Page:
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COX v. INDEPENDENT LIFE & ACCIDENT INSURANCE COMPANY (two cases).
38071.
38072.
Actions on insurance policies. Polk City Court. Before Judge Flournoy. October 30, 1959.
TOWNSEND, Judge.
1. An accident produced by the loss of perception resulting from intoxication is unintentional, but if the intent to do the act exists, although it be a drunken and maudlin intent, the fact of intoxication will not convert it from suicide to accident.
2. The presumption of law that an unexplained death is the result of accident rather than suicide yields to direct, positive proof, or to a contrary inference which by a preponderance of evidence, excludes the presumption as a reasonable hypothesis. Where upon such evidence the presumption disappears, the fact it rests upon which is a person's love of life rather than death, may still be considered by the jury in arriving at a conclusion.
3. In an action on an insurance policy containing a clause voiding the policy in the event of suicide, where no motive for suicide is shown and the uncontradicted evidence relating to the insured's character is not consonant with suicide, testimony that the body was found on a dirt road at a place where the deceased frequently went and near where he had engaged in target practice; that death ensued from a head wound; that the deceased when found was clutching his pistol, which he habitually carried, with his thumb on the trigger, and that he had been drunk for the past two or three days, does not as a matter of law exclude the theory that the death resulted from accident rather than suicide, but this question should have been left to the jury for decision.
4. Where a verdict for the opposite party is not demanded as a matter of law the first grant of a new trial on the general grounds will not be disturbed by this court.
Mrs. Nettie B. Cox brought two actions in the City Court of Polk County seeking double indemnity benefits on two insurance contracts issued by the defendant Independent Life & Accident Insurance Company to her deceased husband. The jury, timing the cases together by agreement, rendered verdicts in her favor. The defendant filed a motion for a judgment notwithstanding the verdict and a motion for new trial, both of which were granted, and these judgments are assigned as error.
The policy contains the provision: "If within two years from the date of issue of this policy the insured shall die by suicide, whether sane or insane, the company will pay an amount equal to the sum of the premiums paid" and a provision that double indemnity would be paid for death resulting solely through violent and accidental means, this provision not to apply if the death resulted from the insured committing suicide, whether sane or insane. The physical evidence relating to the death was as follows: the insured owned a 22 calibre pistol; he was found dead almost in the middle of an unpaved roadway near his mother's house with a bullet wound from the pistol entering about an inch over the right ear and exiting a little back of the left ear; the pistol was in his hand and according to the positive testimony of one witness the thumb was on the trigger; according to another, who did not notice particularly, his impression was that it had been held in a normal manner. There were powder burns at the right temple. The defendant was married and living with his wife; he had had no quarrels or domestic difficulties, he had entered into a partnership in a new welding business within the past two weeks; his attitude toward life indicated that he had no troubles on his mind; he was a very lighthearted and jovial person who enjoyed life. He always carried the pistol with him, and had previously used for target practice some dried peaches on the peach tree across from his mother's house and close to the road where he was found. He liked to drink and was the sort of drinker who enjoyed getting drunk and would stay drunk for several days at a time and then sober up and stay sober for a period of time. The insured commenced drinking on Sunday night. On Monday he was drunk. That noon a witness spoke to him and he was at that time lying on the ground under a tree. He asked the witness if he wanted a drink, and the witness saw a half-pint bottle of whisky and the pistol in the car. On Sunday he gave his billfold with money in it to his wife and asked her to keep it until he asked for it. On Monday he took it back and gave it to his mother. On Monday afternoon he was drunk and asleep on his mother's porch with the pistol in his hand and complained on being awakened. Tuesday morning he got up about 6:30 and drank some coffee, said that he wanted no breakfast and was going to work, and asked for the pistol, which he took with him as usual, leaving the house about 8:30. He was found in the road later that morning, and an empty whisky bottle was lying near him. His wife further testified: "When he took a notion to get drunk he got drunk until he took a notion to get sober. When he did that he was not worried about something. He just liked whisky. When he drank like that he worked some because he drank all the time. It was not unusual for him to get drunk for days at a time when he took a notion."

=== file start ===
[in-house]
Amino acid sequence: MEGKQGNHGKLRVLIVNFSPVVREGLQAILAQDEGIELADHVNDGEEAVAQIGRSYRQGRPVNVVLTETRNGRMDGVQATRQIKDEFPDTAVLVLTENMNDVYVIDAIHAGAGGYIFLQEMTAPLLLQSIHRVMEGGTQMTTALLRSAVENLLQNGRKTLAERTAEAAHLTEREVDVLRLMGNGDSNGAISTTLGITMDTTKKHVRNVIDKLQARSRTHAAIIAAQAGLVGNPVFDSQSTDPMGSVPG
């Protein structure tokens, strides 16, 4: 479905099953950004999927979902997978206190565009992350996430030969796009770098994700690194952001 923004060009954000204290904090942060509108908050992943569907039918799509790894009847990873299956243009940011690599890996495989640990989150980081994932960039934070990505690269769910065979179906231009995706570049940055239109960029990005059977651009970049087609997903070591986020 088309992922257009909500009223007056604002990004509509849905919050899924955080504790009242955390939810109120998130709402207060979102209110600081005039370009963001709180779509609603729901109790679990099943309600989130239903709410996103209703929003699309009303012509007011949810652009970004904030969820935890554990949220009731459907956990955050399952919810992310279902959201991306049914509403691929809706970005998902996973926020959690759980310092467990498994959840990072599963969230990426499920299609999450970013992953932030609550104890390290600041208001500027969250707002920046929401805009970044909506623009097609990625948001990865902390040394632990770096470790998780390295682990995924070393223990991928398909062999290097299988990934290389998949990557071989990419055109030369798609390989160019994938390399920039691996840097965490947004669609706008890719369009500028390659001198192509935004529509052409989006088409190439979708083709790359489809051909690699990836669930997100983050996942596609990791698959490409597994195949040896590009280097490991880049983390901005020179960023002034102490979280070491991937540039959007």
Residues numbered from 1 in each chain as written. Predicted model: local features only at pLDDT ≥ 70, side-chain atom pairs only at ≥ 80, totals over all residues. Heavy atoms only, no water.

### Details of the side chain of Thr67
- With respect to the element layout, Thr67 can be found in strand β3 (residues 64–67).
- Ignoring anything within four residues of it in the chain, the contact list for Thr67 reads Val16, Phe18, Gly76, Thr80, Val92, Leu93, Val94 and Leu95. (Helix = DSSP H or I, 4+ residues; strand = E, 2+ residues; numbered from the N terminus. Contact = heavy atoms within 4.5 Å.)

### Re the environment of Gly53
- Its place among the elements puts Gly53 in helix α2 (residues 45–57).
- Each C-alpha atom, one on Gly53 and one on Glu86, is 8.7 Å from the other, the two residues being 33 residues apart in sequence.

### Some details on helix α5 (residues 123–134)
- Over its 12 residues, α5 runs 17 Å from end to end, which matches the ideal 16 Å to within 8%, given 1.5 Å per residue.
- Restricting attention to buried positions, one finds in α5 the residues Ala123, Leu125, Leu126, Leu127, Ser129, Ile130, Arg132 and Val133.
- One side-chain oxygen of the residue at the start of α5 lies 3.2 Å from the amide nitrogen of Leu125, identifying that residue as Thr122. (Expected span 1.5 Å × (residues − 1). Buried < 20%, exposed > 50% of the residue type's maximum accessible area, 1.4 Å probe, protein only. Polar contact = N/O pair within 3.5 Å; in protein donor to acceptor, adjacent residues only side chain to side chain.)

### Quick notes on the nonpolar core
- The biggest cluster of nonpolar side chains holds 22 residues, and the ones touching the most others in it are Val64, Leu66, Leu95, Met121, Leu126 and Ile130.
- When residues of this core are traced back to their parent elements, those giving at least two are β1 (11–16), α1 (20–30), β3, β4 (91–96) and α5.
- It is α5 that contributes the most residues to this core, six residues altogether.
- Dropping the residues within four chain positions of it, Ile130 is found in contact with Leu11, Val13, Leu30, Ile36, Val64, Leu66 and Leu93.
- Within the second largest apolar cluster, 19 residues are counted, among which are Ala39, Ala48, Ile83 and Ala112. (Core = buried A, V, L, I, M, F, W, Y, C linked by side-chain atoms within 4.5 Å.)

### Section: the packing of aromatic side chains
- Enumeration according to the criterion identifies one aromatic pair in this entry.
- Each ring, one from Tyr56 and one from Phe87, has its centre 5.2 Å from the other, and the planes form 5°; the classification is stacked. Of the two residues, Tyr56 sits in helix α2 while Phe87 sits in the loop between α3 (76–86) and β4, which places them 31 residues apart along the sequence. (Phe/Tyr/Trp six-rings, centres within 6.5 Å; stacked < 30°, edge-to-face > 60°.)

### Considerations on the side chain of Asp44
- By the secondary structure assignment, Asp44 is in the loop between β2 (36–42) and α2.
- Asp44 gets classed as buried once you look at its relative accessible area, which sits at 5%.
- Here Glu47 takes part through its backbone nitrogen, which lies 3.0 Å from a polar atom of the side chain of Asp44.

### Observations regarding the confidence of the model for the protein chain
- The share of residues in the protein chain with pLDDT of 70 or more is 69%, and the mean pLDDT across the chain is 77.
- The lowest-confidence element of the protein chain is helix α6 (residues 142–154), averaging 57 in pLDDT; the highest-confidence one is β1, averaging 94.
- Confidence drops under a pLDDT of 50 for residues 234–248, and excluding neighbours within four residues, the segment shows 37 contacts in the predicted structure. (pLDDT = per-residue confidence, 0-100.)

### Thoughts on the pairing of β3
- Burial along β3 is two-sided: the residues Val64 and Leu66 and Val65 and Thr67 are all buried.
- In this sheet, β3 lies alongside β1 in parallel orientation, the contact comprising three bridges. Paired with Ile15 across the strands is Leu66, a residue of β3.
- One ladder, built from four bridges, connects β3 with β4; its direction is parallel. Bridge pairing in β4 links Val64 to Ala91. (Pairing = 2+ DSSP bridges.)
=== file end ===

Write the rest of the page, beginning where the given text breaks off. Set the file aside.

1. The sole issue in this case is whether there is any evidence to support the finding of the jury that the death of the insured was caused by accident rather than suicide. In so far as drunkenness bears on this problem, the rule is as follows: "An accident, even though it be the result of that loss of perception produced by drink, cannot fairly be called the product of intent. But if the intent in fact exists, the other fact, that the man was maudlin from drink, and could have no very intelligent conception of his surroundings, does not help the case; since the drunkenness is his own act, and society would be in great danger if one could escape the consequences of his acts by the plea of drunkenness." Equitable Life Assurance Society v. Paterson, 41 Ga. 338, 368.